Travel Advice Generally safe avalanche conditions. Watch for unstable snow on isolated terrain features. Heightened avalanche conditions on specific terrain features. Evaluate snow and terrain carefully; identify features of concern. Dangerous avalanche conditions. Careful snowpack evaluation, cautious route-finding, and conservative decision-making essential. Very dangerous avalanche conditions. Travel in avalanche terrain not recommended. Extraordinarily dangerous avalanche conditions. Avoid all avalanche terrain.
Likelihood of Avalanches Natural and human-triggered avalanches unlikely. Natural avalanches unlikely; human-triggered avalanches possible. Natural avalanches possible; human-triggered avalanches likely. Natural avalanches likely; human-triggered avalanches very likely. Natural and human-triggered avalanches certain.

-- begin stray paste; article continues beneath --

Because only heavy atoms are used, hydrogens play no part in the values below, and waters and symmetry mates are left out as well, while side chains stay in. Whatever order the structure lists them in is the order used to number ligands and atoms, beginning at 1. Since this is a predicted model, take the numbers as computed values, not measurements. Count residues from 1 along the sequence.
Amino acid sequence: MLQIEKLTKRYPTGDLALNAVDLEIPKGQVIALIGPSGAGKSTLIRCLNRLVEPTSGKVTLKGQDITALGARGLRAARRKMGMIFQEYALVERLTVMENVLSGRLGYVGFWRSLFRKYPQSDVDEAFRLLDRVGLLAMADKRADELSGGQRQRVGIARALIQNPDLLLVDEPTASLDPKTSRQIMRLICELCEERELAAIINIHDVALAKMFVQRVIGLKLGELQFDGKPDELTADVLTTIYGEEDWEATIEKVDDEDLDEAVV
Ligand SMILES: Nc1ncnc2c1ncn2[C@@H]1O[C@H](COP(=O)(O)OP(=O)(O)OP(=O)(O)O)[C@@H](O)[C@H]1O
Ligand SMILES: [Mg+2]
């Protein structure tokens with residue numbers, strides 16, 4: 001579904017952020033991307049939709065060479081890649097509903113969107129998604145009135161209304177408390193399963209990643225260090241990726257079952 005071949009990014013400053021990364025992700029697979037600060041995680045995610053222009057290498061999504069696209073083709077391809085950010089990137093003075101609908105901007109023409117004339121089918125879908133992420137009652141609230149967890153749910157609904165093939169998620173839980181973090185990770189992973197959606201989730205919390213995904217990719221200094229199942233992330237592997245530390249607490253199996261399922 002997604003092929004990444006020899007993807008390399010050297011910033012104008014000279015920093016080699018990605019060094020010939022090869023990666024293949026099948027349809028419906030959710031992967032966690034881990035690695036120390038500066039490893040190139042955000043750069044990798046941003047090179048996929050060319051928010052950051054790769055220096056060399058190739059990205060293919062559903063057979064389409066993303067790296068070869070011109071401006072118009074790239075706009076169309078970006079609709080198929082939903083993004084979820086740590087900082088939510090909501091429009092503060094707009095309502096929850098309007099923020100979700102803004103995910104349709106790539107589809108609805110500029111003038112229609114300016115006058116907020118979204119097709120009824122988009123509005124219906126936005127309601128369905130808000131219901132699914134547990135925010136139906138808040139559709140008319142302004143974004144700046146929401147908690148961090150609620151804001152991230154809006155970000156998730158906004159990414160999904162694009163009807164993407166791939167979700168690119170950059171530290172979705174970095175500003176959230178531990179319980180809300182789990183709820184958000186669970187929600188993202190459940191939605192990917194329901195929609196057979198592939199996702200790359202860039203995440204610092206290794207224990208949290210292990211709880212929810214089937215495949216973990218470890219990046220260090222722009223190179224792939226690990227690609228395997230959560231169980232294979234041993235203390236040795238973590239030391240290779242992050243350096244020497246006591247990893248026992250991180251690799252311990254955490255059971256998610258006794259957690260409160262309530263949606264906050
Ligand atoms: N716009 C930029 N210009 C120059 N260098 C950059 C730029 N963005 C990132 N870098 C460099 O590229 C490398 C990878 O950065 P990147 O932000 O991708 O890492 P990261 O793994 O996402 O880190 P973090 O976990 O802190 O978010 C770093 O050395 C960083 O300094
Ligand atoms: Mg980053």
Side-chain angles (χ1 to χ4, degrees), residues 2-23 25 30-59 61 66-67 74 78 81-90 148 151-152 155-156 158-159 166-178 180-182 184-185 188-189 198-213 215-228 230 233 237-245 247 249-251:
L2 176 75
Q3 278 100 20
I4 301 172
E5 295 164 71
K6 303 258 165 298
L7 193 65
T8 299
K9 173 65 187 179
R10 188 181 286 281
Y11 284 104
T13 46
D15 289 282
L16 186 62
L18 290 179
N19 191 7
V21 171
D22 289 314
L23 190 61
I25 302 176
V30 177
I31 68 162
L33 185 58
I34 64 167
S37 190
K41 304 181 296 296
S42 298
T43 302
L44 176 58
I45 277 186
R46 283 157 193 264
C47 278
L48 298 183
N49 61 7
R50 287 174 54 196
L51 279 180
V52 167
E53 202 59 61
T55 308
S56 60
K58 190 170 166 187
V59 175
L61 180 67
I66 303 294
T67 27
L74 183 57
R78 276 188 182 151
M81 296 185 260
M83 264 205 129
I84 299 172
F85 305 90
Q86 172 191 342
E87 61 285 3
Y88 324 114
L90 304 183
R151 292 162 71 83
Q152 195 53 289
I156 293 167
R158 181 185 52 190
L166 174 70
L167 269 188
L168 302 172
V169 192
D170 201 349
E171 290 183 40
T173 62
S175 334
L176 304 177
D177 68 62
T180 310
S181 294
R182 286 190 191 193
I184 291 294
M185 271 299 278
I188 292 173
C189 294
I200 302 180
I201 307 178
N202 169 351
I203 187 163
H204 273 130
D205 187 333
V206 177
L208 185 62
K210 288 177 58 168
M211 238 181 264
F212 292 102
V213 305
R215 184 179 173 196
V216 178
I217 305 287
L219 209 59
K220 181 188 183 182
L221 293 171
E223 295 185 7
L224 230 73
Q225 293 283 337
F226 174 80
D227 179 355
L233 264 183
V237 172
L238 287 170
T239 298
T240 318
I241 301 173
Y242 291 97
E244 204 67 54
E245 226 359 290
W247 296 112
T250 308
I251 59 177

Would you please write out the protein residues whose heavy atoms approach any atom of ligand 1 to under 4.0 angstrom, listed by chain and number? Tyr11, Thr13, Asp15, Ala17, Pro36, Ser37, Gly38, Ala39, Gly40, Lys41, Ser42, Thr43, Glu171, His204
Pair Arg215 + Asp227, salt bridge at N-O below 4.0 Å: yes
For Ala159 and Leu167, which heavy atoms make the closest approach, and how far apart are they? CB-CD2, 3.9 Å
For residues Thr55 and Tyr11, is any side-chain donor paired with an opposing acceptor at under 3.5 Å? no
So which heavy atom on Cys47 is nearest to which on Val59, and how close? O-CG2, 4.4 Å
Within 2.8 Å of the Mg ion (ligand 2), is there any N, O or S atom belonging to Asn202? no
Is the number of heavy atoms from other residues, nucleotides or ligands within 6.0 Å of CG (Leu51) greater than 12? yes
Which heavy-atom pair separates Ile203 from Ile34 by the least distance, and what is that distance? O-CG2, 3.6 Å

Avalanche Size and Distribution Small avalanches in isolated areas or extreme terrain. Small avalanches in specific areas; or large avalanches in isolated areas. Small avalanches in many areas; or large avalanches in specific areas; or very large avalanches in isolated areas. Large avalanches in many areas; or very large avalanches in specific areas. Very large avalanches in many areas.
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This is a general backcountry avalanche advisory issued for Turnagain Arm with Turnagain Pass as the core advisory area. This advisory does not apply to highways, railroads or operating ski areas.